Marissa Davis '08, third from right, performed with Bruce Springsteen at the We Are One concert.
As many others stood out in the cold for hours, awaiting the opportunity to stand on the National Mall for the We Are One concert, I was backstage preparing for my debut with Bruce "The Boss" Springsteen and Beyoncé. I had been selected to sing with a 125-voice adult choir assembled specifically for the event. In a nutshell, it was nothing short of amazing!
I started walking up the stairs to get on stage and it was not the thrill of singing with The Boss and Beyoncé that got me nervous. Rather, it was the realization that for about two minutes and 30 seconds, I was truly going to be a part of history.
I found my spot on stage, heard the stage manager say "Stand by," and once the moving wall revealed the choir, I looked ahead, in awe of the sea of people I saw before me - not to mention that the Obama and Biden families were literally right in front of me jamming to our song! I couldn't help but think that in that moment, we were truly One People. Nothing can ever replace that brief moment.
Paralegal, Relman & Dane PLLC
When I was three years old, my mother took my older brother and me on our first train trip from D.C. to visit our grandparents in Mississippi. We couldn't have been more excited until, when our train crossed the Potomac River, it stopped and we and our mother were herded into a crowded, segregated coach. Tears on her cheeks were the only answer she could give to our pained confusion.
As I told the story, I was suddenly struck to shed new, fresher tears by the realization that I was at last crossing back over the Potomac in a deeply healing homecoming. For my mother: "Free at last!"
Vice President for College and Community Relations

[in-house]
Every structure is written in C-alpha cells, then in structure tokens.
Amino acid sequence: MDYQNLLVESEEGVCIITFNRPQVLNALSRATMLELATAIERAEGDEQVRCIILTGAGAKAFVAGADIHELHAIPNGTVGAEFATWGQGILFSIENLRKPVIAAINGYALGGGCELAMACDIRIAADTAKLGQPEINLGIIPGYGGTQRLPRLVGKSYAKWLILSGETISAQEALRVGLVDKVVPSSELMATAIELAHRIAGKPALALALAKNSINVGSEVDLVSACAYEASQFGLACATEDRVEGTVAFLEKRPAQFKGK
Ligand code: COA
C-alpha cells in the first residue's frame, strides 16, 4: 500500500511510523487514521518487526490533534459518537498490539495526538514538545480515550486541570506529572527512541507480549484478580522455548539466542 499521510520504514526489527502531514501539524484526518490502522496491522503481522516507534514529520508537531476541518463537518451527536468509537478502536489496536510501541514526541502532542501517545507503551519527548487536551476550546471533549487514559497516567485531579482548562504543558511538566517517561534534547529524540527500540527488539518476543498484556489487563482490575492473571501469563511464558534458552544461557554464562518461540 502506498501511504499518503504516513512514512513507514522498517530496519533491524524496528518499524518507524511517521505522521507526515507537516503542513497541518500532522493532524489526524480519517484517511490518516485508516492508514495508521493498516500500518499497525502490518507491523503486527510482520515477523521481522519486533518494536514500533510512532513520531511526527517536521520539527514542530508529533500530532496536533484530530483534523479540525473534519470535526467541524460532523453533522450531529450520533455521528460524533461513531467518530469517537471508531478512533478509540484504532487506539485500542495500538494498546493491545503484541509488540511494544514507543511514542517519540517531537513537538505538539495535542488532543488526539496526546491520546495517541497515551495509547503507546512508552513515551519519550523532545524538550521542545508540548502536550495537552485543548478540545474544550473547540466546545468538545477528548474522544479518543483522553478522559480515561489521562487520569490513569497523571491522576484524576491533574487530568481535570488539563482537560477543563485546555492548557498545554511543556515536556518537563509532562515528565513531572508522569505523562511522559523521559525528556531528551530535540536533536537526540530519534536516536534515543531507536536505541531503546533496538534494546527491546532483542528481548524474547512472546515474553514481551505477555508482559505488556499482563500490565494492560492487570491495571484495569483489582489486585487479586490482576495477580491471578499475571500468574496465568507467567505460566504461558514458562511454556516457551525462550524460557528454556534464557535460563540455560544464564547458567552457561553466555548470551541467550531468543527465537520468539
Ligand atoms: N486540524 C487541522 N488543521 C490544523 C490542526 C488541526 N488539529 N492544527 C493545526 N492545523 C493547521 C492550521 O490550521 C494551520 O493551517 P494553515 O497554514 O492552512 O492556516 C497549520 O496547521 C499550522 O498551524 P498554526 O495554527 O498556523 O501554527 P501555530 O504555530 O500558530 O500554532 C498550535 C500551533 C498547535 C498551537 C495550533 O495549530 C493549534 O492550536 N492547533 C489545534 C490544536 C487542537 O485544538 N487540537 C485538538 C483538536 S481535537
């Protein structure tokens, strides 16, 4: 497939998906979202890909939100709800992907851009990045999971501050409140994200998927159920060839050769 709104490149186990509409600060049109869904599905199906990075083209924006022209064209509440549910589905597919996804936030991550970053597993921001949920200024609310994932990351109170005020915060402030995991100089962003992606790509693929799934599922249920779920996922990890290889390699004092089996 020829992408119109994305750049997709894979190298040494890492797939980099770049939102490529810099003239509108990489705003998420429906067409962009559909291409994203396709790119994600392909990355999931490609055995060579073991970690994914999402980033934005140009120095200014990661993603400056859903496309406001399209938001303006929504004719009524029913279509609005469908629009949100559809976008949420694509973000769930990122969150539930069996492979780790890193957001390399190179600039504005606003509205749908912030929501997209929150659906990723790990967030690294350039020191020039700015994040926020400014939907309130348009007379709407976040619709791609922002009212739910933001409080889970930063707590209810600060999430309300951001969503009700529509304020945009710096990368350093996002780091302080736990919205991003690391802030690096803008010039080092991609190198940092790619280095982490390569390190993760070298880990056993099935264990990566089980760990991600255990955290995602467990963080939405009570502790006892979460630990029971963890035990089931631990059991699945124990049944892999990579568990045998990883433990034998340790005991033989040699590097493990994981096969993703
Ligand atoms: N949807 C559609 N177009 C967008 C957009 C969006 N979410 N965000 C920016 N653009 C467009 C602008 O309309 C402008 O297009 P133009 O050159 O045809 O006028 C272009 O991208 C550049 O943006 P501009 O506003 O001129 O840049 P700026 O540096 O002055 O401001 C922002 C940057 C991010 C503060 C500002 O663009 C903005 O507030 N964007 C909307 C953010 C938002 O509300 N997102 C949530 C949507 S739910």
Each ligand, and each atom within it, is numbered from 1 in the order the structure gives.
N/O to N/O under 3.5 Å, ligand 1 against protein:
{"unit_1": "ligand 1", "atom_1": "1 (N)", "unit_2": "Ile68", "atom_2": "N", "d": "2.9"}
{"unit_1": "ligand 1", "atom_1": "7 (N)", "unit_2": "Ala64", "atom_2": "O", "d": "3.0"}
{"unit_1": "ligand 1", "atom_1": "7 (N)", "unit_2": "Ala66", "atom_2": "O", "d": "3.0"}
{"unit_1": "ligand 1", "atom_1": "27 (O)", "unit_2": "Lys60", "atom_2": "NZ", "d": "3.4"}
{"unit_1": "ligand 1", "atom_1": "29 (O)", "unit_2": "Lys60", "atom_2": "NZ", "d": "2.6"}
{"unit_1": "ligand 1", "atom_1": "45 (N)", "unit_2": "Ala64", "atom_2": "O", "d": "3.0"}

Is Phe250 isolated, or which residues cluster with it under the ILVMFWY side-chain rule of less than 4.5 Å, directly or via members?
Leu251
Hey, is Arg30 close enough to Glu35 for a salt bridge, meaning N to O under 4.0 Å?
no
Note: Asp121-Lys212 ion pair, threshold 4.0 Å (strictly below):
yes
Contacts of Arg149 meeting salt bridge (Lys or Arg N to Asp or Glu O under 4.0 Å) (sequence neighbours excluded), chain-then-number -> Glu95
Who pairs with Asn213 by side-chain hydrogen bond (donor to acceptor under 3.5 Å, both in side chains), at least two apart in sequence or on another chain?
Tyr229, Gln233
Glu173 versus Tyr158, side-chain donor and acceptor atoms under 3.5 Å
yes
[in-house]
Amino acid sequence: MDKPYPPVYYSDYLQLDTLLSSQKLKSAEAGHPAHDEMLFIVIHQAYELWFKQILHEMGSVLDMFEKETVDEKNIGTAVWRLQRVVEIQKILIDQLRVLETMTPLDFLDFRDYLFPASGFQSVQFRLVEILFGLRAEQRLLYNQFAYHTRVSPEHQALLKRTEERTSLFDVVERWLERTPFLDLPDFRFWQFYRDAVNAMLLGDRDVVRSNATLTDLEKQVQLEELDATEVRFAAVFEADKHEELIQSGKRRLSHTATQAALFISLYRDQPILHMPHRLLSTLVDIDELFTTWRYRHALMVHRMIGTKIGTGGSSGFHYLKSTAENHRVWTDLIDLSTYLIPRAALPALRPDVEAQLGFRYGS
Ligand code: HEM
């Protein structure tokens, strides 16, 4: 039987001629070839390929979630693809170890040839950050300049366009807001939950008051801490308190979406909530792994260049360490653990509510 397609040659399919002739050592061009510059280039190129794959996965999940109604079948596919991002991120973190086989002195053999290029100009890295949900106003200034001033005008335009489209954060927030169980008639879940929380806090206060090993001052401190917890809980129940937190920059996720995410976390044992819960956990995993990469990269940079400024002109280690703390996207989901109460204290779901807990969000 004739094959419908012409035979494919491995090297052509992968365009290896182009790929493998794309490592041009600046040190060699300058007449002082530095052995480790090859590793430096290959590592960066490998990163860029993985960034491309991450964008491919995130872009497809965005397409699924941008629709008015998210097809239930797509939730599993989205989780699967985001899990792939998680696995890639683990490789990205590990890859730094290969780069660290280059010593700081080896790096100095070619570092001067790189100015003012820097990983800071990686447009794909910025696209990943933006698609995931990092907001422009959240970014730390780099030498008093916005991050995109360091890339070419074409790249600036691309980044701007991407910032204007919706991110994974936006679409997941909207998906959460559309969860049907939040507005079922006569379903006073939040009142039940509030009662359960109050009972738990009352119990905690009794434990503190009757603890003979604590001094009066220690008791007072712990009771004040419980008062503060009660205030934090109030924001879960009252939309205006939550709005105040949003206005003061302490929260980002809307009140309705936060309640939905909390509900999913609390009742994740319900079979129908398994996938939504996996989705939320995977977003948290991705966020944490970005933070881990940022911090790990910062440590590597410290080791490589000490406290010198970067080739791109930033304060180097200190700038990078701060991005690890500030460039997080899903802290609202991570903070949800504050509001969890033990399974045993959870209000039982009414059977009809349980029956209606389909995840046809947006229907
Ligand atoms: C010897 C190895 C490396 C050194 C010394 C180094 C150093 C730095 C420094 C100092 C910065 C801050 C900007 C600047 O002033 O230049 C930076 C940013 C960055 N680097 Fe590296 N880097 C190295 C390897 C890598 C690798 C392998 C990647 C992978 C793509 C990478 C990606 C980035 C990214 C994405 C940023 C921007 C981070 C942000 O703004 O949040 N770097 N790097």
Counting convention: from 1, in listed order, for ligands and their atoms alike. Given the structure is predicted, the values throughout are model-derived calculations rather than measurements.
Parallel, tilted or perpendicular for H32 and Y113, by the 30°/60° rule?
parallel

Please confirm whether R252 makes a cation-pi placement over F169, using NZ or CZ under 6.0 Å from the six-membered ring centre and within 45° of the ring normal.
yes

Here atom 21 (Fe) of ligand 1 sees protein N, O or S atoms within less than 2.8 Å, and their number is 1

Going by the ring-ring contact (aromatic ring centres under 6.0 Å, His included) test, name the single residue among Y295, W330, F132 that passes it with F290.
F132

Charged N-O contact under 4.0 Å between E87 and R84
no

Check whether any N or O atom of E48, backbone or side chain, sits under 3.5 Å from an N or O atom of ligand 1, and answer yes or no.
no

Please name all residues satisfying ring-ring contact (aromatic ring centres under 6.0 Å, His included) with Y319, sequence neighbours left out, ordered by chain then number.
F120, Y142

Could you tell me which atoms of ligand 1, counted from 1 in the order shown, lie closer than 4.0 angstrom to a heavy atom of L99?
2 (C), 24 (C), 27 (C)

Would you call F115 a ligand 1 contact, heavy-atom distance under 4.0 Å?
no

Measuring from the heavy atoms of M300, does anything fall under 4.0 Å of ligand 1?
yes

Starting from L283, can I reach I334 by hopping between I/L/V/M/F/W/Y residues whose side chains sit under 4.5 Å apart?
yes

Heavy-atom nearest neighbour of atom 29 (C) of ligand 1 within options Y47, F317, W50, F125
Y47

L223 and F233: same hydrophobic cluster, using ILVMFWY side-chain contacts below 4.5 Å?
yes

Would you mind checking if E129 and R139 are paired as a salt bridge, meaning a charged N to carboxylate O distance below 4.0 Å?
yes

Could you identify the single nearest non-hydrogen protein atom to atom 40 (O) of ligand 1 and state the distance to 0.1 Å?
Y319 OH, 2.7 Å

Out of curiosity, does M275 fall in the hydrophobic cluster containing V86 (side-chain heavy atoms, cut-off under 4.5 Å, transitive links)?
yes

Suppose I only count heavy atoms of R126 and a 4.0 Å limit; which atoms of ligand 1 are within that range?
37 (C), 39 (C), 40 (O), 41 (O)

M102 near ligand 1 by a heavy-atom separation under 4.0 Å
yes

Just a glimpse of some of the crowds on the Mall during the inauguration. (photo by Reid Wilkening '10)
Leaving the hotel at midnight to arrive at the Capitol by 1 a.m., I thought my friends and I would be the only ones there, or at least one of the few. To my surprise, hundreds of people were already scattered about. Some even surrounded themselves with cardboard boxes like forts to block the bitterly cold winds. Strangers, families, and friends were resting upon each other, huddling to stay warm as they awaited the inauguration of Barack Hussein Obama. Everyone was from everywhere and people were of all ages, from infants to the elderly. It was amazing to see how this one event was uniting the world.
Upon sunrise, the audience went from hundreds of participants to millions. The event hadn't even started when the chanting and cheering began. What I'll remember most is the crowd's euphoria once Obama was seen heading down the halls of the Capitol. Once Biden completed his oath, the crowd knew Obama was next. In that moment, I felt like I was in an ocean of ecstasy. It was contagious. We couldn't help but celebrate, whether it was by cheering at the top of our lungs, jumping up and down with joy, or crying. Our emotions took us over. We knew that this was actually happening. We knew that we were regaining our American dream and the dreams of our ancestors. We felt a sense of justice. As Obama recited the oath, there was this beautiful silence. Can you imagine the silence of 2 million people? The tranquility was amazing. I am grateful to have the opportunity to tell my children of the day the world stood still.